Gold barbs may still nip at flowing fins, so be careful if mixing them with bettas, sailfin mollies, angelfish or other large-finned fish. While these smaller barbs are not considered aggressive, they are nippy and sometimes destructive of plants and decorations. They're best described as "semi-aggressive," and should be mixed with other similarly sized fish that are short-finned and fast.

While Schuberti barbs are the ones most commonly referred to as "gold barbs," several others -- such as this Lineatus -- may be labeled as gold barbs in stores
While Schuberti barbs are the ones most commonly referred to as "gold barbs," several others -- such as this Lineatus -- may be labeled as gold barbs in stores | Source

Breeding gold barbs

All types of barbs are egg scatterers, which means that they will lay their eggs all over the aquarium. They will also eat their own eggs if given the chance. If you really want the eggs to mature and hatch, you may have to set up a tank specifically for breeding your gold barbs.

Outfit your breeding tank with medium-height, dense foliage that's either broad-leafed live plants or artificial plants. Alternatively, try placing a sheet of plastic canvas about 1" from the bottom of the tank, or use marbles in the tank so that most of the eggs fall down out of reach of the adult fish.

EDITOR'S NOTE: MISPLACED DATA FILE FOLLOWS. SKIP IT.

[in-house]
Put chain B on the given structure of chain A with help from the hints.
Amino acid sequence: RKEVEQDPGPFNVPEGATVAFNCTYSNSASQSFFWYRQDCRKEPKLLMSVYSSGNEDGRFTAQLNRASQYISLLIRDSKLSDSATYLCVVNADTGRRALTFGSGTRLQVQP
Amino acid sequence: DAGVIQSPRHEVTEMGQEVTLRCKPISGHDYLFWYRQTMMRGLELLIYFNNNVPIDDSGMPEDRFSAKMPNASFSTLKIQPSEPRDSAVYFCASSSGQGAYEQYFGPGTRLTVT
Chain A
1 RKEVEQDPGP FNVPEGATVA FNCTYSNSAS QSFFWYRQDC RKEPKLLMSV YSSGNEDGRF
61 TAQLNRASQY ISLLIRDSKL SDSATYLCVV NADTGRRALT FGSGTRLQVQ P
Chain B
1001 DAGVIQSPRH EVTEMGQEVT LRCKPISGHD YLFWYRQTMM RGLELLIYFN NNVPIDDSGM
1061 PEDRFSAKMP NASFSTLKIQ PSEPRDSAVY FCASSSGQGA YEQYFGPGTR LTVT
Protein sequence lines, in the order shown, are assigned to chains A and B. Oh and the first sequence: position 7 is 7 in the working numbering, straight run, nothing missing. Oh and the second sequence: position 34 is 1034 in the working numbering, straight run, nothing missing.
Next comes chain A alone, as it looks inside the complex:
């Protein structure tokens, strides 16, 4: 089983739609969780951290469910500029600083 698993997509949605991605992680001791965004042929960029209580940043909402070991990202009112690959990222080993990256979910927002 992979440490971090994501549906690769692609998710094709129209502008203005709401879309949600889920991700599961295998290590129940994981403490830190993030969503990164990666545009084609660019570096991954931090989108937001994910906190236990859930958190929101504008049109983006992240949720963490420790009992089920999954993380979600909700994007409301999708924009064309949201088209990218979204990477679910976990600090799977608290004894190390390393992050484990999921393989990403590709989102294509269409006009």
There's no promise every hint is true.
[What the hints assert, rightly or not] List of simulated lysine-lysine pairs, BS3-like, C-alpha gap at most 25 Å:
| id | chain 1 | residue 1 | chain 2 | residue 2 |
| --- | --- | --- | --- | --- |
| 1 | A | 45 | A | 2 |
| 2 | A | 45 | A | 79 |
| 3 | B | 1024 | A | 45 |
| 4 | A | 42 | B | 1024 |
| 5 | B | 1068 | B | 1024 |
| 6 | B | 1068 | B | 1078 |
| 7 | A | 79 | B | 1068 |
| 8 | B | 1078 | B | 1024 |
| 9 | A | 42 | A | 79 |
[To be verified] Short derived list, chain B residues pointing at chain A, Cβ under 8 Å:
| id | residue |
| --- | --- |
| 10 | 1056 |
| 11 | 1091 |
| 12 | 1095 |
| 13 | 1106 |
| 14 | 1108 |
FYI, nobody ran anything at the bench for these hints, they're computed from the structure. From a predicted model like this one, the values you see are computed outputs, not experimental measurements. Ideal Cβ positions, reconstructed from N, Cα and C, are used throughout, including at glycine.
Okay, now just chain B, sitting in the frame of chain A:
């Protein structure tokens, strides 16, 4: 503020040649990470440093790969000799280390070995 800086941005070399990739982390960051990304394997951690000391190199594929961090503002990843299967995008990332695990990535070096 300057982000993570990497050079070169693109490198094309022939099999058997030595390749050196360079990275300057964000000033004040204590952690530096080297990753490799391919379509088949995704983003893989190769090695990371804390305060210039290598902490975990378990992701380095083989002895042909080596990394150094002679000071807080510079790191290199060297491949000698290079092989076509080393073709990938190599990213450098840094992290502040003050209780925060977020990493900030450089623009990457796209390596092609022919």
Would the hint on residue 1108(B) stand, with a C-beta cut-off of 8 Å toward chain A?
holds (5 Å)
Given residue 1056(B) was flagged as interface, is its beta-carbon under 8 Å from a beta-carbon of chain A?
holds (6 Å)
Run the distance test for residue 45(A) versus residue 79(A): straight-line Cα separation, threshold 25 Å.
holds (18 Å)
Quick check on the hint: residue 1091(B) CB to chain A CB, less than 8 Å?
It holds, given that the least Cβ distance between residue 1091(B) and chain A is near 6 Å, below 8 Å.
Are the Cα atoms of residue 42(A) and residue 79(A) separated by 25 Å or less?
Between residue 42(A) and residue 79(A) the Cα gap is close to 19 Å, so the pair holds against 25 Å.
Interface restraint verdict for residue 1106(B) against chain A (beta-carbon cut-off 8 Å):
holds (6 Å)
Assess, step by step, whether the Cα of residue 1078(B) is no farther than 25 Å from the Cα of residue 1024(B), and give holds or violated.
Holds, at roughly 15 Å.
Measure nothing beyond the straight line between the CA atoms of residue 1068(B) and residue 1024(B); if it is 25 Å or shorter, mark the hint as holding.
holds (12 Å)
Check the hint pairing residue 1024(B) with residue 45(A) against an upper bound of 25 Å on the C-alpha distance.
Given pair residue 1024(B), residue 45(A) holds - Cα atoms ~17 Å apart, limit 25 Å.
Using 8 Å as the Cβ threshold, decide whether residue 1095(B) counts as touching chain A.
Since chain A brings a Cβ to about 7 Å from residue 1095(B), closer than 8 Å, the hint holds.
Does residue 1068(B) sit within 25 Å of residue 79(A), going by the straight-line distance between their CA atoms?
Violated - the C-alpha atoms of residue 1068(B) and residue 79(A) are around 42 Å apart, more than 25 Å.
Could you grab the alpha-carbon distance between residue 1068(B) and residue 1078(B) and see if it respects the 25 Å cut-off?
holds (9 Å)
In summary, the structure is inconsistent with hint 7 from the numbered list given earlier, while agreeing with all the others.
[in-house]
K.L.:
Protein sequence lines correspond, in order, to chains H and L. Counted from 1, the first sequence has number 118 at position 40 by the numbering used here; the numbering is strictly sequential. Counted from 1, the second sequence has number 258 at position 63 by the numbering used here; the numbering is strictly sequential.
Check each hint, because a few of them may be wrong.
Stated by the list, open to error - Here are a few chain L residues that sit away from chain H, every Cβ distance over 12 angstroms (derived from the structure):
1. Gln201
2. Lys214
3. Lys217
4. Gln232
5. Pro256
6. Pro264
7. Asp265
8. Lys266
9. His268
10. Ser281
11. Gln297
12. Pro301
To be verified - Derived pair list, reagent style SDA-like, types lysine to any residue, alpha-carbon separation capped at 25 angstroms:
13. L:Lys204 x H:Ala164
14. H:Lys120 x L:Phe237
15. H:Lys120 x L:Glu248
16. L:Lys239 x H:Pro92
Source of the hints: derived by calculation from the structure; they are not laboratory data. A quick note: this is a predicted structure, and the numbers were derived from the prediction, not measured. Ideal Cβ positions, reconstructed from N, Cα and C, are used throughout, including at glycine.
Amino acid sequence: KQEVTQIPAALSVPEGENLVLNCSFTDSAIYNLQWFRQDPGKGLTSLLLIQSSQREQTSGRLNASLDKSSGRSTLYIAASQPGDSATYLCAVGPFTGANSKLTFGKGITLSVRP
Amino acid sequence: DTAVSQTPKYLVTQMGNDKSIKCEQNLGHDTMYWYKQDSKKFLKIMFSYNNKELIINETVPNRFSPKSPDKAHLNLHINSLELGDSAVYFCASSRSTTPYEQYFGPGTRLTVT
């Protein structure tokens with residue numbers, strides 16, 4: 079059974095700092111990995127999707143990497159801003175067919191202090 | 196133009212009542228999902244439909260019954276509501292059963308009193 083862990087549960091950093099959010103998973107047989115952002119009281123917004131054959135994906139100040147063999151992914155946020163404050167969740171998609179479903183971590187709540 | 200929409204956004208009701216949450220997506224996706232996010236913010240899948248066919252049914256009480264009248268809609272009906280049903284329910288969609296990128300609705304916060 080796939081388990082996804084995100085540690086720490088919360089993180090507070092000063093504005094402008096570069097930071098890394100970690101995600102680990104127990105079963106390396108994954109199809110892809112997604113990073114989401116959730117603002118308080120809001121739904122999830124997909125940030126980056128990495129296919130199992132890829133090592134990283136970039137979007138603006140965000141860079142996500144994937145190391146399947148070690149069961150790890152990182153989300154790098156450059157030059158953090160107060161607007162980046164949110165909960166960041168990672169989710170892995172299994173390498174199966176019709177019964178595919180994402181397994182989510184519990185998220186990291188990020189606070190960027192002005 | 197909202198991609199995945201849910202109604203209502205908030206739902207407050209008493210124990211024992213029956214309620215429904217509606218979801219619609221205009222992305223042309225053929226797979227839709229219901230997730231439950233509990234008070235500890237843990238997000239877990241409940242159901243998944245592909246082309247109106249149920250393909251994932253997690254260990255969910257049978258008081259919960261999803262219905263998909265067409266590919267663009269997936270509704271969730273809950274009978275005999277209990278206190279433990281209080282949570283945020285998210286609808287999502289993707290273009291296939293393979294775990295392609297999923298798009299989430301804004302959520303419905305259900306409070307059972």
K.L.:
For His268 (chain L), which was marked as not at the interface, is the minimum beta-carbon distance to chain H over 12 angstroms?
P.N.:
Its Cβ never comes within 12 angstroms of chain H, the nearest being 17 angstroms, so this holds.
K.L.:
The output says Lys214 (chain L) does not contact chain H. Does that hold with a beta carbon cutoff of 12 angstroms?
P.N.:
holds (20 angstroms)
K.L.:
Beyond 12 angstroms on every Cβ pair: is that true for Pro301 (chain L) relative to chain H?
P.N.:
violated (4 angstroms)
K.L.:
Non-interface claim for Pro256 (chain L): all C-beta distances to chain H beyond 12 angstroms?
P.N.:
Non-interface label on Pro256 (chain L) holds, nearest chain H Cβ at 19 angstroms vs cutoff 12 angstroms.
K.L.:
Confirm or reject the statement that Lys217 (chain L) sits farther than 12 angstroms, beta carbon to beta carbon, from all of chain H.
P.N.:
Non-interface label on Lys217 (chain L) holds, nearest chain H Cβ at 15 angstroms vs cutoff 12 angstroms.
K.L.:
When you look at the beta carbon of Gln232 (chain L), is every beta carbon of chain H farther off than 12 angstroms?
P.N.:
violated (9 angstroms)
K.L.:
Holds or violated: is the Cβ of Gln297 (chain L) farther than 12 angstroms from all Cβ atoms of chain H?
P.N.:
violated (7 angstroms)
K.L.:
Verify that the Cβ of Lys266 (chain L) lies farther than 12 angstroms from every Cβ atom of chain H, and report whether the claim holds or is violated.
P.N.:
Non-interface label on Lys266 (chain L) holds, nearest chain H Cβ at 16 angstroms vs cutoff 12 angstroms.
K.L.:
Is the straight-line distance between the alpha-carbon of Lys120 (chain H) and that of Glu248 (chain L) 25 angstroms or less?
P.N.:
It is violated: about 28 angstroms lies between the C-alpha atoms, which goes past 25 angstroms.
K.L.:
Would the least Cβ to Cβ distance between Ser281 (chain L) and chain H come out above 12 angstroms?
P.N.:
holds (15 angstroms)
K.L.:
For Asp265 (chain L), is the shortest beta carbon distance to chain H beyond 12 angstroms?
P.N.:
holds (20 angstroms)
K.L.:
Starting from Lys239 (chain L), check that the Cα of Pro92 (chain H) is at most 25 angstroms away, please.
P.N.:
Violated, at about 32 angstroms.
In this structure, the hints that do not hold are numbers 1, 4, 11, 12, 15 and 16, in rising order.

Once your breeding tank is prepared, place one pair of gold barbs in the tank. Females will be a little larger and rounder than the males, while males tend to have brighter colors and might have a pink or reddish belly when they're ready to breed. Barbs usually spawn around dawn, and must be removed as quickly as possible after they lay their eggs.

One spawn yields about 100 eggs or so, so be ready to take care of a LOT of babies. Do not breed unless you are ready to take care of every fish if every single fry survives. Assume that you'll have 150 juveniles to care for, and prepare accordingly. While most spawns won't yield quite that many, such preparations will ensure that you're ready for whatever does safely hatch.

See gold barbs in action -- here's a school of them enjoying a good meal

Still not sure if the barb is right for you? Get a visual guide to all the most popular aquarium fish

What Fish? A Buyer's Guide to Tropical Fish: Essential Information to Help You Choose the Right Fish for Your Tropical Freshwater Aquarium (What Pet? Books)
What Fish? A Buyer's Guide to Tropical Fish: Essential Information to Help You Choose the Right Fish for Your Tropical Freshwater Aquarium (What Pet? Books)

Learn about popular aquarium fish and pick the next additions to your tank with this detailed guide filled with pictures and and in-depth information on freshwater fish.

 

Lifespan of the average gold barb

Seriously, there's nothing spectacular about being able to keep a fish alive for a few months. If you think this is an accomplishment, then you really need to take another look at your aquarium setup. While many people think that's a great track record, they don't realize that a barb's average lifespan is 5-6 years when given the proper care. Most pet stores sell juvenile fish that are about 3-4 months old, so you can expect these hardy little fish to stick around for a long time.